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If you are a Microsoft ISV, VAR, or SI partner, you need to be thinking about gaining expertise in the following five technologies. At their annual partner conference in Denver this week, it was clear to me that partners need to spend more time understanding how these technologies will play into their own offerings, and these five will play an increasing bigger role in any new Microsoft products and services. 1. Dot Net.

It is the essential underpinnings of just about everything that Microsoft does these days, and if anything could be called the basic infrastructure of Microsoft’s programming, this is it. I think the days of Dot Net vs. Java are pretty much over, and while there will always be a place for Java, especially for server-based applications, you will need more Dot Net developers and have more sophisticated ways of using Dot Net in the future. Think of Dot Net as the connective tissue that will bind together whatever Microsoft does in the future.

2. Live Services and hosted applications. This is also becoming an essential part of the Microsoft software ecosystem. With the announcement of eCRM and its very competitive pricing, more of Microsoft’s software will be hosted online and offered as a service. This enables partners to sell introductory packages, and upsell later on to migrating these applications in-house. The other part of this story is gaining familiarity with hosted applications: several partners at the conference were talking about hosting Exchange, Sharepoint, and other applications. If you don’t have this capability, it is time you started talking to other Microsoft partners that do and join forces. Part of the hosting story is being able to have access and run a data center. Partners that already do this will continue to be in high demand.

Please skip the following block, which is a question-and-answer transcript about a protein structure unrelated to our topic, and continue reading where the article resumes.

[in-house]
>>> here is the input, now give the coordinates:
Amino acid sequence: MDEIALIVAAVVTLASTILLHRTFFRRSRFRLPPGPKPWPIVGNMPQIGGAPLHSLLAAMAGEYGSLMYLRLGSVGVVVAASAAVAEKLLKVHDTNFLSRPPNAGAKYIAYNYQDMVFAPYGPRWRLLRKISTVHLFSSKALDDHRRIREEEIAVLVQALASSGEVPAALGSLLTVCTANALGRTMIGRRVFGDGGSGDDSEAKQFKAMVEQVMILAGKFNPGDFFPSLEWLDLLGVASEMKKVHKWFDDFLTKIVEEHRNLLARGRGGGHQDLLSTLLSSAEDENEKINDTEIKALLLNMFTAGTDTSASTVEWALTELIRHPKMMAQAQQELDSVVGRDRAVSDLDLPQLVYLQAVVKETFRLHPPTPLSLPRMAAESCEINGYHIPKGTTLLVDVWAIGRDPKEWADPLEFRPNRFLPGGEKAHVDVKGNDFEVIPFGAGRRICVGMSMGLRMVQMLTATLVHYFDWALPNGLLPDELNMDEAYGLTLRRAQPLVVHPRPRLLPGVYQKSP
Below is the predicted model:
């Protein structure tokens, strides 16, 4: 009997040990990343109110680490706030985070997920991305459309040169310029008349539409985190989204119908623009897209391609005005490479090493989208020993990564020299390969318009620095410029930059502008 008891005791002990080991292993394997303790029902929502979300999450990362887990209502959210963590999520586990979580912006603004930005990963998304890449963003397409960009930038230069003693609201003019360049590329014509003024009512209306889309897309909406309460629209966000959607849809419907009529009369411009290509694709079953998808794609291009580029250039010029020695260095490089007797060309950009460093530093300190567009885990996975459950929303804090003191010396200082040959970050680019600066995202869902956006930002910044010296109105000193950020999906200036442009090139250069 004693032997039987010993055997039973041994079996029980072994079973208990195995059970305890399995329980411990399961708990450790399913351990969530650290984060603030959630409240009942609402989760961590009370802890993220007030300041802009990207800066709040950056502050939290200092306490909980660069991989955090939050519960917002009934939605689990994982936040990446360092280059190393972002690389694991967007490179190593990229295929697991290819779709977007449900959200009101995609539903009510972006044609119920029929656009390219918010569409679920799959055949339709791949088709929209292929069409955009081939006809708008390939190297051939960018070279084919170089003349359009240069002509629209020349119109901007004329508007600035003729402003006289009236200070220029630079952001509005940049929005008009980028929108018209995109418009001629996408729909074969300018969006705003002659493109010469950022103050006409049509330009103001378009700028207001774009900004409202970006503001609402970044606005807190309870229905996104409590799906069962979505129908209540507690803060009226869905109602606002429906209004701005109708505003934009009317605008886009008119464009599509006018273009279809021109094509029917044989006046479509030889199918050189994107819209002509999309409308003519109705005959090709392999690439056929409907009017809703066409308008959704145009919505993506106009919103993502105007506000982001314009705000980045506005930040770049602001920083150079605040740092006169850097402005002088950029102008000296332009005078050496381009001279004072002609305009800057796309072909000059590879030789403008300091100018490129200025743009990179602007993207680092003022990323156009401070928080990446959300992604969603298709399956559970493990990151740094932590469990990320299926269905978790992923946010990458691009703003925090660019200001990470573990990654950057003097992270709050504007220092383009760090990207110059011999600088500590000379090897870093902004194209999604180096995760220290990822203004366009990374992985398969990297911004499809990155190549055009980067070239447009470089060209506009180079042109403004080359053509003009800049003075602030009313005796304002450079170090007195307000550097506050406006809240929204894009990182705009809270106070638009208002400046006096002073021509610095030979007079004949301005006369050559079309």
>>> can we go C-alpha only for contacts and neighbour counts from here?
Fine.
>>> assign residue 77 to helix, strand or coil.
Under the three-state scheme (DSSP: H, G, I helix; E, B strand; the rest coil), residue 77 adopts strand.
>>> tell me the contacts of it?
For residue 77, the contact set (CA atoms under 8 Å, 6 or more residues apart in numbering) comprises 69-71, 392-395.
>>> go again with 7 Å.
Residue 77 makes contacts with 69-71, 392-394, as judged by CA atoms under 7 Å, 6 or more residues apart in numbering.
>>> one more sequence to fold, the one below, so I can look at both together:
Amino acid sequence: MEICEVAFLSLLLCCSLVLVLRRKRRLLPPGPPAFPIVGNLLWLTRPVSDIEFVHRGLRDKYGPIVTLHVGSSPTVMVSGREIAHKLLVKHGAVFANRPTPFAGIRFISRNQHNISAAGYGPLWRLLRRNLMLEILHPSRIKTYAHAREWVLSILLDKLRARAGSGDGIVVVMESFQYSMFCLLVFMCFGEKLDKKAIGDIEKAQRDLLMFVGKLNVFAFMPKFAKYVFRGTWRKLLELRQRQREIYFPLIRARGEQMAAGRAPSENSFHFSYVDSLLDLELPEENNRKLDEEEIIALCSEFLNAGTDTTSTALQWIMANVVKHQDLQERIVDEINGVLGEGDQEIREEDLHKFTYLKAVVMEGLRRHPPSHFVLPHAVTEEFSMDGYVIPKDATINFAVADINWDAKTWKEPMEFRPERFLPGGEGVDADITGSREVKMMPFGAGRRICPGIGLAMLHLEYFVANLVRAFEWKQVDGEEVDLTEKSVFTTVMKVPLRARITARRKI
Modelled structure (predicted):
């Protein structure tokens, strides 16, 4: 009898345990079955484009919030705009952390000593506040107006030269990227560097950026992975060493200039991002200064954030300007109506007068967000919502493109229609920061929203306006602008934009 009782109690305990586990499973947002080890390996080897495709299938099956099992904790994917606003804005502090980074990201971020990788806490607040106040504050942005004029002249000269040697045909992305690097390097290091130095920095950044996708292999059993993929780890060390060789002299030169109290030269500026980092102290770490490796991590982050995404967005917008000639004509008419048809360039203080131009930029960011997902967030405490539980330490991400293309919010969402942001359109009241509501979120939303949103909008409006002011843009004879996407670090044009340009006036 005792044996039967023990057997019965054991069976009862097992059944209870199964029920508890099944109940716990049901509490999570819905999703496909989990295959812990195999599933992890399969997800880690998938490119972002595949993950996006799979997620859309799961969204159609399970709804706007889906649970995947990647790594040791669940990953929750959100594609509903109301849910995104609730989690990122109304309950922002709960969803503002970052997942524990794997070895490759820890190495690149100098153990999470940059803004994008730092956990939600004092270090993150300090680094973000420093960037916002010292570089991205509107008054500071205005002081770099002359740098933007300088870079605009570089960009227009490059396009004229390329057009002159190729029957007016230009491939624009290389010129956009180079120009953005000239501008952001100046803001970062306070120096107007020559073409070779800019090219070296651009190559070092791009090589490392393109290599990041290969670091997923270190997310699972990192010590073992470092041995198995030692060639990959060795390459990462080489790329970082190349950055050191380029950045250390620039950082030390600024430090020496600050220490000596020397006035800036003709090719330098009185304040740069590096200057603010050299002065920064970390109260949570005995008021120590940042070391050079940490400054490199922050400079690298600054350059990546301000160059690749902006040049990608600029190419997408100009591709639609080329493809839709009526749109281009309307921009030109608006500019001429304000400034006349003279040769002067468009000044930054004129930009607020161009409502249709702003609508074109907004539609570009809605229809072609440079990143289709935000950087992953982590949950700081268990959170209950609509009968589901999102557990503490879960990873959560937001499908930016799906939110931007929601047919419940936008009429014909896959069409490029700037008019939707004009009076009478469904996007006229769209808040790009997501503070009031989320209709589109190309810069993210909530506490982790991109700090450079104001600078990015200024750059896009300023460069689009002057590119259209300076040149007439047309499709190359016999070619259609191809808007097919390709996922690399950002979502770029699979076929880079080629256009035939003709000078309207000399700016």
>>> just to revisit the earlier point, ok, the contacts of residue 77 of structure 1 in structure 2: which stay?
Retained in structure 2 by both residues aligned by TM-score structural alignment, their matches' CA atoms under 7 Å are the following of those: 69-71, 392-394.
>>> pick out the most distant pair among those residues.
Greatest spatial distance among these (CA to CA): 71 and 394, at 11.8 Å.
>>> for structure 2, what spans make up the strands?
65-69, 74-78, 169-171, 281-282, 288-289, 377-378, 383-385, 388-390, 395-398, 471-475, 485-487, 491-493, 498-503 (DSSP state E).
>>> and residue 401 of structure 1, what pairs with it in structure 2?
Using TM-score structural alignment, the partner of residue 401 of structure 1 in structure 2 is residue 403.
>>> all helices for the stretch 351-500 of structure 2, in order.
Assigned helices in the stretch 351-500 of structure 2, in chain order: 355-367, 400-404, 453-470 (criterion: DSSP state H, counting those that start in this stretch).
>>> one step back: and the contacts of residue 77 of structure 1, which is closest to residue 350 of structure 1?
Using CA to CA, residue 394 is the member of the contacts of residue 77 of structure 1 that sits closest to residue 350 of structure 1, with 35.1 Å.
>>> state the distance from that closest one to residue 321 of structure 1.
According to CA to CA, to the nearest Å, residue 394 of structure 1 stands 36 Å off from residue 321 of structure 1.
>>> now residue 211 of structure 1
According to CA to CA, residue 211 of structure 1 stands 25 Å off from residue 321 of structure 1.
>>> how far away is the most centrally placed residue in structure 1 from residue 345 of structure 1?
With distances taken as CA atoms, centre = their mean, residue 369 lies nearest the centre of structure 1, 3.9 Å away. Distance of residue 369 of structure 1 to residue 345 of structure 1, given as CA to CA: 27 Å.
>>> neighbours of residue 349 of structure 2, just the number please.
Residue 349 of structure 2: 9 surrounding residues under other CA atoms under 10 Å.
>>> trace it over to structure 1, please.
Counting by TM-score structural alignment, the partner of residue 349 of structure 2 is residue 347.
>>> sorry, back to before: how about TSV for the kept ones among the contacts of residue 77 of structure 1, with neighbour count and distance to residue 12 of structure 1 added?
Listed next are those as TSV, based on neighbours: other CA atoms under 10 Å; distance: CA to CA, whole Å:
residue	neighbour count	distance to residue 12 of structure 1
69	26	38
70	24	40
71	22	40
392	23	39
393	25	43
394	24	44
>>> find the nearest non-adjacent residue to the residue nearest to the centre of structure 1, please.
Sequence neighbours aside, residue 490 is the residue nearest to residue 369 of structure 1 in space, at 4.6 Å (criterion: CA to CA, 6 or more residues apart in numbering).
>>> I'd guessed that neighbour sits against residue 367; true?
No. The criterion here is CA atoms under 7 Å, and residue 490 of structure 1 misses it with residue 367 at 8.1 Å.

3. Exchange.

It isn’t just email anymore, and so much of what Microsoft is trying to do is based on this set of services. Exchange will handle presence, unified communications, telephony, and integrate into many more of Microsoft’s newer products, including software that runs on Windows Mobile.

4. Sharepoint. This isn’t just for collaboration, but has become its own platform and part of a new breed of services that will involve indexing, search, shared data, and business intelligence types of applications. It could eclipse Notes in terms of delivering collaboration tools if things work out according to plan.

5. Endpoint security. Microsoft showed off its Forefront security platform and how it is integrating the technologies that it obtained from Whale Communications. This is just the beginning of an entire series of products that will fill out its line of endpoint protection. If you haven’t focused on this area, now is the time to get more up to speed. Even though Vista might be the most secure Windows desktop yet, it isn’t secure enough.